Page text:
Heat, or thermal energy, is a peculiar form of energy.  Other forms of energy:  mechanical energy, both kinetic and potential, chemical energy, light, electrical energy, and many other forms can be converted completely into heat.  But heat can at best be partially converted into other forms.  Consider the gasoline engine in the car. The gasoline gets mixed with air and let into the cylinder and compressed.  A spark from the spark plug caused the gas to explode.  The hot gas pushes the piston, driving the crankshaft, which drives the car.  But the point here is that the gasoline is used to generate heat, albeit at a high temperature.  Some of that energy ends up as kinetic energy of the car, but far from all of it.  That is why the engine needs a cooling system to circulate coolant through the engine where it gets hot and then through the radiator to cool it off again by giving the heat to the air.    If you have driving any distance,  the engine will stay warm for quite a while after you stop.  This is why cats like to sleep on the hoods of cars.

This one-way-ness, this ability of other forms of energy to be converted completely to heat, but not the other way around, is a fundamental principal and we’ll see it in action in many examples.  Not only friction, but air resistance on the outside fo the car, resistance of the water on a boat, electrical resistance in electrical circuits,  all turn other forms of energy into heat.

We could make cars much more efficient if we didn’t use friction for breaking.  For instance,  the hybrid car has both a gasoline engine and an electric motor big enough to drive the car, and at low speeds the car usually runs entirely on electricity.  When the driver applies the brake,  a generator converts much of the kinetic energy back into electrical energy which is used to charge the battery.   This is called regerative breaking.  It is impossible to convert 100% of the kinetic energy of the car back into electrical energy, because there is always some friction in the moving parts and some electrical resistance in the circuit.  But the more of the kinetic energy can be saved, the longer the car can run on electricity, and the less new gasoline is needed to get the car up to speed again.  This is the main reason why hybrid cars get much better gas milage than comparable gasoline-only cars.

Throughout the discussion I have been implicitly assuming that when energy is converted from one form to another, the total quantity – including heat – is the same afterwards as before.  This is actually a well-documented and studied principle called the conservation of energy.   Two things need to be said about this:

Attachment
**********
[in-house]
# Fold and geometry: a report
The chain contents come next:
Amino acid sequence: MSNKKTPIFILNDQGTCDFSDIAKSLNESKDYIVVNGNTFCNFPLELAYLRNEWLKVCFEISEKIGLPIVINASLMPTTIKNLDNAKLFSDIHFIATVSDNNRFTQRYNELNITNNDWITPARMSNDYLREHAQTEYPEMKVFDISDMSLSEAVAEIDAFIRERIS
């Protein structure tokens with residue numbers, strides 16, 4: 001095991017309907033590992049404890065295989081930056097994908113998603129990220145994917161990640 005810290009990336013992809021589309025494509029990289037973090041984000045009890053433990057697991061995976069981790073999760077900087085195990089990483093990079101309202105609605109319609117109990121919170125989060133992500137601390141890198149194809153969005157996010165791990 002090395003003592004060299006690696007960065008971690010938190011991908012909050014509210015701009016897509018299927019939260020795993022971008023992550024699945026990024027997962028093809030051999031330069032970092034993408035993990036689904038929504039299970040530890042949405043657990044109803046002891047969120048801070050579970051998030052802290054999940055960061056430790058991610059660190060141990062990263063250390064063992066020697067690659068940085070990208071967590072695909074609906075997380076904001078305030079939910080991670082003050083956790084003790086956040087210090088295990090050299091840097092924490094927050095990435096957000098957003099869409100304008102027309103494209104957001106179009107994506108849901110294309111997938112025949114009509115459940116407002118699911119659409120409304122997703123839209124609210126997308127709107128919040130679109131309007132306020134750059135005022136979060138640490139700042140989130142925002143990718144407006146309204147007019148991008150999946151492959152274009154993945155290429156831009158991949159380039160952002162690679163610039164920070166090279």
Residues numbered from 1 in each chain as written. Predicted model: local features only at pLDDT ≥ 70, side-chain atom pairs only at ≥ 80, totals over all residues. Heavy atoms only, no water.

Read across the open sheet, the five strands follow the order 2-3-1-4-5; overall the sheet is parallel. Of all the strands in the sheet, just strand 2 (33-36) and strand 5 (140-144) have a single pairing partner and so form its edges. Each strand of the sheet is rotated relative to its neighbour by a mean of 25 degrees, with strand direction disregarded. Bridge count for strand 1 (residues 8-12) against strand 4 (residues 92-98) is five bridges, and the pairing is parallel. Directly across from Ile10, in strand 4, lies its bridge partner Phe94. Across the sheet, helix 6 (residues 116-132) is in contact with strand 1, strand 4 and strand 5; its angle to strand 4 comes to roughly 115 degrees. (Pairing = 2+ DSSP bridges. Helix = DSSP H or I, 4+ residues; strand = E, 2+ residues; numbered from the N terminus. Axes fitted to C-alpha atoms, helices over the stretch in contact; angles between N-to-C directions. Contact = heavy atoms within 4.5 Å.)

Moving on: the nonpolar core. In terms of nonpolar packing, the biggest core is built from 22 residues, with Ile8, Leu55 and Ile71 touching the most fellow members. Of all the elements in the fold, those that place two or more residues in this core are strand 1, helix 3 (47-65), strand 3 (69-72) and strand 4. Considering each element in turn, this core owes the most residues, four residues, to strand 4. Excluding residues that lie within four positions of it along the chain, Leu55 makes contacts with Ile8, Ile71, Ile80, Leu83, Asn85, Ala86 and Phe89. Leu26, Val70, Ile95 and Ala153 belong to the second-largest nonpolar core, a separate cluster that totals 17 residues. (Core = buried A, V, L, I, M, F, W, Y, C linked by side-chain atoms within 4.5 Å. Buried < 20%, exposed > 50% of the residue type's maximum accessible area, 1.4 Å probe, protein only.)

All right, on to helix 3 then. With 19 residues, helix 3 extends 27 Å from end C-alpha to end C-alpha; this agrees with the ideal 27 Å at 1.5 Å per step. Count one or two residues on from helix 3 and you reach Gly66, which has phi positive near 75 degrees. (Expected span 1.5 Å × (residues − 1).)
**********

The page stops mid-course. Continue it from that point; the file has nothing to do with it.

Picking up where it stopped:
First, this is a technical use of the word “conservation”  In everyday English, conservation means saving something instead of using it, or using less.  It means driving a Prius instead of a Hummer,  not dumping industrial waste in rivers, adding land to national parks, etc.

In science: conservation means that a quantity is neither created nor destroyed.

Many people today have trouble understanding or believing in conservation of energy.  Partly this is because the subject is often very badly taught in grade school or junior high.  But also, unless you take science courses at a higher level,  it is not treated quantitatively.  And when you say that the amount of something doesn’t change, it only makes sense if you can measure the amount.  But quantitative experiments and mathematical derivations by many people over the last 200 years or so bear out that energy is conserved in the technical sense.

If you are not persuaded, let me make an analogy and ask for the benefit of the doubt.  Because it is the numbers that make the case compelling.  So imagine you have a jigsaw puzzle, but not the box it came in.  You dump the pieces out on a table and move pieces of the same color near each other.  Perhaps you decide the picture is a horse pulling a cart,  or a sunset at the beach, or whatever the pieces suggest.  But you are guessing; you aren’t sure.  But if you put the puzzle together, with every little bump fitted into the matching hollow,  then you can look at the picture and know what it is without any doubt.   Doing science quantitatively is like putting the puzzle together.  And when everything fits, then scientists believe they understand the picture.

The important point of this for our purposes is that you can’t win; you can’t get more energy out of any process than you put in.  Or, in the language of economics, there is no such thing as a free lunch.

This is one of the two major points that I would like you to take from this episode:  you can’t get more energy out of any process than you put into it.

The second major point is that in all real processes,  some of the energy ends up as waste heat.  So useful energy is always being converted into forms that aren’t useful to us.  Slowing down the rate at which this happens – as by having the hybrid car recapture some of kinetic energy as electrical energy – is one way to conserve enrgy – in the everyday sense of conserve.

Until next time, good night for Warming World Explained/




Episode 5 Energy and Heat